It’s not what you know, but who you know

This is an article by Adele Roberts.
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Work experience – arguably the best way to learn your chosen career. Throughout my first year of university I was told time and time again by tutors and guest lecturers how important gaining work experience is. The question is how do you get it?

Seeking work experience: Adele Roberts

Over the last year I have spoken to so many students (and graduates too) about the difficulties of getting a placement; they have told me stories of sending countless emails that have sadly had a tone of desperation as prospective interns try to sell themselves to a PR company or consultant in the hope they would be considered for a period of unpaid work experience (how strange that we have to work for free in order to later get work that we will hopefully be paid for).

Unfortunately we rarely heard back from these emails, which in itself is slightly demoralising.

Even on the odd occasion when a reply is received the consultancy will often ask for a CV. Yet at the beginning of your career you won’t have much PR experience on it, so you try a covering letter describing your personality and work ethic in a few paragraphs.

I can imagine the recipients of the emails receive countless requests to do a work placement, many from people with more experience in the PR industry then we beginners currently have, but we all have to start somewhere.

As aspiring PR professionals we need to begin building relationships and networking in order to be successful in the world of public relations.

However, researching PR consultancies and emailing them begging for the chance to work for them for free in order to better educate ourselves doesn’t seem to be a successful trend when it comes to actually getting the work… So what’s the next resort?

We all know somebody who knows somebody; so we need to use these previously made contacts in order to get forward in this competitive world. This past summer I had managed to make some contacts that helped land me a placement through recommendations. After being recommended I received two placement offers at two different consultancies in London.

After speaking to a number of students at different levels I heard mixed experiences of what it is like trying to get work experience or a placement, some good, some bad. However, they have all come out feeling like it would have been a lot easier if they had known someone who could help them get their ‘foot in the door’.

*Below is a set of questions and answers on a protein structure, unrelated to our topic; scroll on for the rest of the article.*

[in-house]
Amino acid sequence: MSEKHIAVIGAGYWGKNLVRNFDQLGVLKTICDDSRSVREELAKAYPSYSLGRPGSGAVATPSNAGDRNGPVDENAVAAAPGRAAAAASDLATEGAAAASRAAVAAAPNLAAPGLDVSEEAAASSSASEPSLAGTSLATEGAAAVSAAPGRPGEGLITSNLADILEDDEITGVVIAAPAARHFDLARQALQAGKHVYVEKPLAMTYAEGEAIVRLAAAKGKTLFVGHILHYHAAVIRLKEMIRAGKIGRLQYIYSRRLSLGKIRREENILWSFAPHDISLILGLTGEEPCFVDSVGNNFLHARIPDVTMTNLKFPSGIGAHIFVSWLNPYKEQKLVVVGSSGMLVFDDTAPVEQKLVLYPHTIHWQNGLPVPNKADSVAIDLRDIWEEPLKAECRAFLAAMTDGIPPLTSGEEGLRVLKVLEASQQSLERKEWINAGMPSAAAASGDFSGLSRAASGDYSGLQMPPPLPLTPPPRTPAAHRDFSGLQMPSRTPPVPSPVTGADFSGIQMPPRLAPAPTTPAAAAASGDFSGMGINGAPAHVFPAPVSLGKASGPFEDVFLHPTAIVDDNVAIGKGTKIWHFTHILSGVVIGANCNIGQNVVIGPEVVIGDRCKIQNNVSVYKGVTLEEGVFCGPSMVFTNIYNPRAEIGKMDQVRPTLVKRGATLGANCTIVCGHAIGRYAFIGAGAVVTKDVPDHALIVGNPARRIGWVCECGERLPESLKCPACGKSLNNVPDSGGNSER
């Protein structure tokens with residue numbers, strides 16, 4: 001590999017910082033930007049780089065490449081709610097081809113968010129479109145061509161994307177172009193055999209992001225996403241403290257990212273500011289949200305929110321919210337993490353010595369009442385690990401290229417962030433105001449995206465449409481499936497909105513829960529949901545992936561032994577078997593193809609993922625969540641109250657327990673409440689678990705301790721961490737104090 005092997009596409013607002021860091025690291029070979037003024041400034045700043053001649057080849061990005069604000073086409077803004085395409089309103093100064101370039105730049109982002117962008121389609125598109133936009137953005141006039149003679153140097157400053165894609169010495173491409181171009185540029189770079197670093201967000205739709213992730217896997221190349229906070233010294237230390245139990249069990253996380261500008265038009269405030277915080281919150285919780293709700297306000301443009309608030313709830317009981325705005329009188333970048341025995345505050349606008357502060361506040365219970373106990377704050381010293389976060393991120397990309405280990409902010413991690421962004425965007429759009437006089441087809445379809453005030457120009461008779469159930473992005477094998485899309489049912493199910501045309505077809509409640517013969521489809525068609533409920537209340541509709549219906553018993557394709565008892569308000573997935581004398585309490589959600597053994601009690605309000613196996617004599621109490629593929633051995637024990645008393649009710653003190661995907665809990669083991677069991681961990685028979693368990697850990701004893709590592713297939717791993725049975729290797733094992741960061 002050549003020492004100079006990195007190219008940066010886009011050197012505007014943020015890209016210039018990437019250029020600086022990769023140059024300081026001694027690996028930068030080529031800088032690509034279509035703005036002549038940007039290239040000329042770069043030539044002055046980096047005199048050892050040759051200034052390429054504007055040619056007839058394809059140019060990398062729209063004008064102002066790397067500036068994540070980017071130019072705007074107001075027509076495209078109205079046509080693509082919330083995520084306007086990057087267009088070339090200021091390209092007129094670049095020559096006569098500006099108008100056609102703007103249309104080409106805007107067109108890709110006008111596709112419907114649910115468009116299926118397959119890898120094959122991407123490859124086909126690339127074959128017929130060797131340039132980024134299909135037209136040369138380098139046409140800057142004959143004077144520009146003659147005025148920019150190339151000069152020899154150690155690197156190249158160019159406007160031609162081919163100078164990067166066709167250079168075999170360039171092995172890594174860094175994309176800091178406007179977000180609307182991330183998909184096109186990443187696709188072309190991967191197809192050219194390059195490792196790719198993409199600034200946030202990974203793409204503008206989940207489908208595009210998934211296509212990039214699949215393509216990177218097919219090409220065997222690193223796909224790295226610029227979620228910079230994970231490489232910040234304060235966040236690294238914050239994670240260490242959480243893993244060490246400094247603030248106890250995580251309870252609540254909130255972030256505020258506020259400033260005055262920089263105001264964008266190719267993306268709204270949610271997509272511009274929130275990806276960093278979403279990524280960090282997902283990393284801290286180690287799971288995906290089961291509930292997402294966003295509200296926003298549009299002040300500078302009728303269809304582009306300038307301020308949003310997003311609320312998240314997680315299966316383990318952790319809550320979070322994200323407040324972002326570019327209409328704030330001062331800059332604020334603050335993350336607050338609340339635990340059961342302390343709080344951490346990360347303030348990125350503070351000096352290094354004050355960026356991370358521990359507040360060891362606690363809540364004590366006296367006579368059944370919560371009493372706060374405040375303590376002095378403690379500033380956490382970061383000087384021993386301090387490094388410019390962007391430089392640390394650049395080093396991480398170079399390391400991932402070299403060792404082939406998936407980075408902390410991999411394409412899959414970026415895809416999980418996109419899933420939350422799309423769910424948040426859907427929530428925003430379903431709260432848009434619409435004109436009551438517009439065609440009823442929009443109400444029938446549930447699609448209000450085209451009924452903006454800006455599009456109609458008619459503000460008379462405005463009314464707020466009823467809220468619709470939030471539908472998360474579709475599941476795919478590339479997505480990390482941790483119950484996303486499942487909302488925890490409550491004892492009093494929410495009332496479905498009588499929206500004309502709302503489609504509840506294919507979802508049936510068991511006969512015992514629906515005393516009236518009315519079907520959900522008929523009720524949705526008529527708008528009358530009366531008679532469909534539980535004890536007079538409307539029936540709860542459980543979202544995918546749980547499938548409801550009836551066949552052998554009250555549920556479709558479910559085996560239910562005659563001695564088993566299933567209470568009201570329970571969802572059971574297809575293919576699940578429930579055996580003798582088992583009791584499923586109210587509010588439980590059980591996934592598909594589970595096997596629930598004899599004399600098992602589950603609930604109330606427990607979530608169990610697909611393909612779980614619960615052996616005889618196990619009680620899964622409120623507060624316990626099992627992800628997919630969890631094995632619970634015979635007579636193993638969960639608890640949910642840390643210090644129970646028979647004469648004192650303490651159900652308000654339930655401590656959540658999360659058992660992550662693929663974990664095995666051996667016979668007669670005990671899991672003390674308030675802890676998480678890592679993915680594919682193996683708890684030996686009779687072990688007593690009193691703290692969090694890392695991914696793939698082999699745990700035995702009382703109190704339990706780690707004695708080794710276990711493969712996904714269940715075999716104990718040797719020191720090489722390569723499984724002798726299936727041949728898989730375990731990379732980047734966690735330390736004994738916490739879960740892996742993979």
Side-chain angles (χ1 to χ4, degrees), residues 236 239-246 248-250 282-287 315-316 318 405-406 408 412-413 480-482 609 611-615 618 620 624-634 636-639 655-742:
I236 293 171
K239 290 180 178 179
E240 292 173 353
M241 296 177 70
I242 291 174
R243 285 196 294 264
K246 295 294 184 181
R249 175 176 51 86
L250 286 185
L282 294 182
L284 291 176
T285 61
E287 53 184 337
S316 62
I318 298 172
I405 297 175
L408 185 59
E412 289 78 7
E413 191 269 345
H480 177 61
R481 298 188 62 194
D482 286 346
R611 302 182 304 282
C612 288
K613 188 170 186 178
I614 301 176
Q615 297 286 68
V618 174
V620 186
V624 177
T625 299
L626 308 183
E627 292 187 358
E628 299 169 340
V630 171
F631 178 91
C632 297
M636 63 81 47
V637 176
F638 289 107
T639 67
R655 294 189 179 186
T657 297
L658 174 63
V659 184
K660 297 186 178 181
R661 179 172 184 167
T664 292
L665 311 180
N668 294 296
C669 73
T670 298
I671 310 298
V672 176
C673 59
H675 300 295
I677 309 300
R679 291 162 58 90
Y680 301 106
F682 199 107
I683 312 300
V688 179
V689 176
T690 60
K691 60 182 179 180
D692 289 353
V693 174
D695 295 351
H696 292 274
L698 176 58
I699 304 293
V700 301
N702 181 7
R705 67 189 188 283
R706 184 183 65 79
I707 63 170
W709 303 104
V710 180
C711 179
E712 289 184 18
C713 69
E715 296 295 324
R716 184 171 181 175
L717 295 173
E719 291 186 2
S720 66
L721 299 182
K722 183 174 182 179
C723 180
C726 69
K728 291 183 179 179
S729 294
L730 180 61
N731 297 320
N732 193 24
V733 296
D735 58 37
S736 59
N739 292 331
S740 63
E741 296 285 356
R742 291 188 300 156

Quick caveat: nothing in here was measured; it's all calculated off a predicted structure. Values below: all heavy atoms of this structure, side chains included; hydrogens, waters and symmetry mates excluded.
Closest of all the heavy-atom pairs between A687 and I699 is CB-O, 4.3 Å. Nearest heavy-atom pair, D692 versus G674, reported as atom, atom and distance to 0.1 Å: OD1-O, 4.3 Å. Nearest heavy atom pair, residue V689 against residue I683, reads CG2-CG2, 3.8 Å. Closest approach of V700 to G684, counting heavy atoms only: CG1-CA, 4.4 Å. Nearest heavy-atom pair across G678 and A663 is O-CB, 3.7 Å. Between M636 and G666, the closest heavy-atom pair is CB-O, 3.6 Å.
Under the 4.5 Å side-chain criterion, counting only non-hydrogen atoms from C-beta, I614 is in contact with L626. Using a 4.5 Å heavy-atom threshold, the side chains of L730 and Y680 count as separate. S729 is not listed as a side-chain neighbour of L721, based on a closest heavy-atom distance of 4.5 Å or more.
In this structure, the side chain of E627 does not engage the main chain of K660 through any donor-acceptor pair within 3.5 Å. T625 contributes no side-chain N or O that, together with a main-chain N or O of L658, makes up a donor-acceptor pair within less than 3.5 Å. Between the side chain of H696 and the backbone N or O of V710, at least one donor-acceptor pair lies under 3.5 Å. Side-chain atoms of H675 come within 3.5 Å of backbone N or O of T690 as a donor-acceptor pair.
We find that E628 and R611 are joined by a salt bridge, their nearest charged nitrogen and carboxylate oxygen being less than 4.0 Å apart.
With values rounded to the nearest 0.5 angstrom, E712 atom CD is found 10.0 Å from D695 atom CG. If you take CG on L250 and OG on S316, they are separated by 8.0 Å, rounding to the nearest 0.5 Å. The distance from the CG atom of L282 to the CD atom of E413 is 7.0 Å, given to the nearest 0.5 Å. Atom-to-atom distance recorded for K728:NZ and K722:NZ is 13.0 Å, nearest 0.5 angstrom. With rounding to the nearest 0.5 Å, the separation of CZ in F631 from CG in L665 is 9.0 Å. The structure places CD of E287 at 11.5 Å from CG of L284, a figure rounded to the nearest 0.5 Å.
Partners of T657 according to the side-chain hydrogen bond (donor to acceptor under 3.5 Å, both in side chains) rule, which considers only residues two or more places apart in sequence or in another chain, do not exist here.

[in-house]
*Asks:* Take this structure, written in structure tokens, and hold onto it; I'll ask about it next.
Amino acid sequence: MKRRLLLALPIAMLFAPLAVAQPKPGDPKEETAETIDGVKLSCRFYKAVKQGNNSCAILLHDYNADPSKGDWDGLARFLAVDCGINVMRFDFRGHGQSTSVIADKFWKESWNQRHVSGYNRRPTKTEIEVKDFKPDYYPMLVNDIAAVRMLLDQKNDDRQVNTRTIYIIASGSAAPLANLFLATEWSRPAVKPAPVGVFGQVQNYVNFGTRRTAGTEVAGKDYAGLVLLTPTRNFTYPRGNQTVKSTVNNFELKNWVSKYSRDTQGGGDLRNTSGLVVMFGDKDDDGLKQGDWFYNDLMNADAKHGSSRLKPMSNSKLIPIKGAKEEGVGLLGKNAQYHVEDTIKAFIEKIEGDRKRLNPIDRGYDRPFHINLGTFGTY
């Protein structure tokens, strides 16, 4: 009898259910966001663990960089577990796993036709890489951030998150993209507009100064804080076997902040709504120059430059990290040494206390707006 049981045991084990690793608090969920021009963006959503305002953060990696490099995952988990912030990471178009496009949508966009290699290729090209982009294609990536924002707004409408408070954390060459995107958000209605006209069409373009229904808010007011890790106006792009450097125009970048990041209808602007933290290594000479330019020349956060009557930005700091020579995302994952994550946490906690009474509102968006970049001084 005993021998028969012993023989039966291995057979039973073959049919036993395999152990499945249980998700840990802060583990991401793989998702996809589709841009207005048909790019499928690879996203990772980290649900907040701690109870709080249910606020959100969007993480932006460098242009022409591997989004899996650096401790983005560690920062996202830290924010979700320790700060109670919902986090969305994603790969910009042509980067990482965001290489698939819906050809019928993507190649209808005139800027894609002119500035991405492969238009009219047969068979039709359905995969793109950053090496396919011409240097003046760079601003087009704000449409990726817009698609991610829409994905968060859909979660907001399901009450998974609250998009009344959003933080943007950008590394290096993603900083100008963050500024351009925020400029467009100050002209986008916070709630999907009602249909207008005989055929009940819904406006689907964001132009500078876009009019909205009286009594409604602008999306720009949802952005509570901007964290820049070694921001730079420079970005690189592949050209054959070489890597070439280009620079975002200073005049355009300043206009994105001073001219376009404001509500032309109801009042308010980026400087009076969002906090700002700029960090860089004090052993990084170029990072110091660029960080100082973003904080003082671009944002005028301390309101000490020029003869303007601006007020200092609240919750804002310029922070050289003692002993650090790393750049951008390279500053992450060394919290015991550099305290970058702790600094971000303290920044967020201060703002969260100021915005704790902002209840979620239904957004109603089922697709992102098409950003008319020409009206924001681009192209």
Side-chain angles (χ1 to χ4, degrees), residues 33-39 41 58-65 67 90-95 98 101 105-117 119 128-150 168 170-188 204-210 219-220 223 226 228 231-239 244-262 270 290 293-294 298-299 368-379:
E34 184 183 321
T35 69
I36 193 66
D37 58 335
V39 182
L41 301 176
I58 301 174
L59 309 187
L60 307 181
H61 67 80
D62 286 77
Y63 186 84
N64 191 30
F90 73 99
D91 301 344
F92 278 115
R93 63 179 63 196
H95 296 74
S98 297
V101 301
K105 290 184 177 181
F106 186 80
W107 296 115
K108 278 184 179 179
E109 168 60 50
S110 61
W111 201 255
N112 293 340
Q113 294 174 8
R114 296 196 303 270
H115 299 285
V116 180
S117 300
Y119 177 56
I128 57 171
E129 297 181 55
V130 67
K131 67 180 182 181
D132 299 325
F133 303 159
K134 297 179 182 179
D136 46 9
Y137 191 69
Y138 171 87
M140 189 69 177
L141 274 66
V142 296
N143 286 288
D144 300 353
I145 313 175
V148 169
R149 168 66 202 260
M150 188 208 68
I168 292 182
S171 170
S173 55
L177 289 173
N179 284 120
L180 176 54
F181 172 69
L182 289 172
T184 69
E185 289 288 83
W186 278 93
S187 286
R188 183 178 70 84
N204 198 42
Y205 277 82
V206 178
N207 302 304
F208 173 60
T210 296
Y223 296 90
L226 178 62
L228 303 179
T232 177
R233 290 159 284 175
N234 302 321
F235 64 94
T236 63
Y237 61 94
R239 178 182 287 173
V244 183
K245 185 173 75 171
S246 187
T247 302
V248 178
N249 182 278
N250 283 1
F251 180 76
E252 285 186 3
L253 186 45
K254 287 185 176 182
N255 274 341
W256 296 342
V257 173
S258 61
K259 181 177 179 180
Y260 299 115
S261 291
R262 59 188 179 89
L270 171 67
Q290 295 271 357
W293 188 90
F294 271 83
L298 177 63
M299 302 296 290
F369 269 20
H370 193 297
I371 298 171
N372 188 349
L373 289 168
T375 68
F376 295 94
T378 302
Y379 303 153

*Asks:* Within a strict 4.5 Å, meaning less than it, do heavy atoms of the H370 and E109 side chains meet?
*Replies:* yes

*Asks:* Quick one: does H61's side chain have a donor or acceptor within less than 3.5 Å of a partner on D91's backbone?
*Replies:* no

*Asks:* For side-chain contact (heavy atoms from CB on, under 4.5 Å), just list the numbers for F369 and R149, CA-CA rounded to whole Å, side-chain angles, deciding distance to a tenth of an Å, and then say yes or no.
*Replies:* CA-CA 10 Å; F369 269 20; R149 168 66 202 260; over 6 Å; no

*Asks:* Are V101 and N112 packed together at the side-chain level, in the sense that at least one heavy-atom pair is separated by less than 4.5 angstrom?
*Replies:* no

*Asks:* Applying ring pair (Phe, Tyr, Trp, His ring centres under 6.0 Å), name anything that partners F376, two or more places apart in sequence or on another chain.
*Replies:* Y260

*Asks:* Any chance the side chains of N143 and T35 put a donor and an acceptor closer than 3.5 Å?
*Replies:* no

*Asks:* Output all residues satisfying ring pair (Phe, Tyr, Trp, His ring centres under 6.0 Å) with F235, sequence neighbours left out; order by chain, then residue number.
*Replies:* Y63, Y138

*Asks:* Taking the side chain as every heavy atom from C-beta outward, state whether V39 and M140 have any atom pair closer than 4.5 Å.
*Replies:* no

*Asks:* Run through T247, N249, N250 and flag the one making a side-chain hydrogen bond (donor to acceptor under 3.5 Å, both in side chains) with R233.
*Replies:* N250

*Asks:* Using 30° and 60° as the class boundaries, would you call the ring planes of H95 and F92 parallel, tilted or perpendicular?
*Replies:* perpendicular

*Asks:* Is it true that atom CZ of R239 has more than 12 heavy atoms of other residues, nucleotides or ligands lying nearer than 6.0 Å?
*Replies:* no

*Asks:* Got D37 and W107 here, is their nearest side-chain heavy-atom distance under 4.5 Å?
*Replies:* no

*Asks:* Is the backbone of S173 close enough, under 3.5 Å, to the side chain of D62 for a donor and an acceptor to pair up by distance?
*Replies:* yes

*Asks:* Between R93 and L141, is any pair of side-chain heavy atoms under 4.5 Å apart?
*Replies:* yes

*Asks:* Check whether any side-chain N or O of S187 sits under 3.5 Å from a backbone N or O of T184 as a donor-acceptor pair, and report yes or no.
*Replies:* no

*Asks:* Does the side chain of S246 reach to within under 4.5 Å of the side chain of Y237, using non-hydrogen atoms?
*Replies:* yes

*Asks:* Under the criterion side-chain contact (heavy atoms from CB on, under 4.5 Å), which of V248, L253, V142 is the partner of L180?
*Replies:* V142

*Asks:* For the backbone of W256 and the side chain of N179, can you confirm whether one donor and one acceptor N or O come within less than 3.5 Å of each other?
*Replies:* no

This leads me to the conclusion that no matter what you know, if someone isn’t willing to give you the chance you can’t advance in this industry. It’s difficult for a potential employer to identify who is and who isn’t worthy of a placement (especially as the competition is so fierce) as they don’t know the person behind the application.

It’s not a case of what you know, but who you know.


  1. I kind of agree with Adele as most of my placements have come from contacts, but those contacts have come from hard work networking and putting myself out there. Also, a phone call is much better than an email, as we all know with public relations!
    Pitch yourself on the phone to stand out from the crowd! I think doing something ‘outside of the box’ will always get you noticed too.

  2. Adele Roberts says:

    I agree that email isn’t the best way to approach a company for a placement; but sometimes its their requested method of communication.
    I’d much prefer to make a phone call to ask about possible placements and opportunities as it does show your willing to think outside of the box (the inbox that is lol) and it gives a potential employer something to remember you by as well as starting a bit of a dialogue before emailing or further contacting them.
    Thank you for the comments though.

  3. ‘Think outside the inbox’. That says is all: well put, Adele.

  4. I do agree with Adele on this one, but I also think that there are more than enough opportunities out there for those young and aspiring students who wish to enter the field of PR. I didn’t know anybody in the industry when I trying to land my first job, but I considered that a challenge, rather than a hindrance. Like all industries, who you know is important, but I truly believe that in PR, what you know is a true match. Good things don’t come to those who wait, but to those who want something so bad they cant sit still!


  1. […] The frustration is based around an article i read on Behind the Spin. For those that dont read it, you really should as it showcases the best and brightest coming through into the PR world at the moment. The article that got me was called ‘Its not what you know but who you know’. […]

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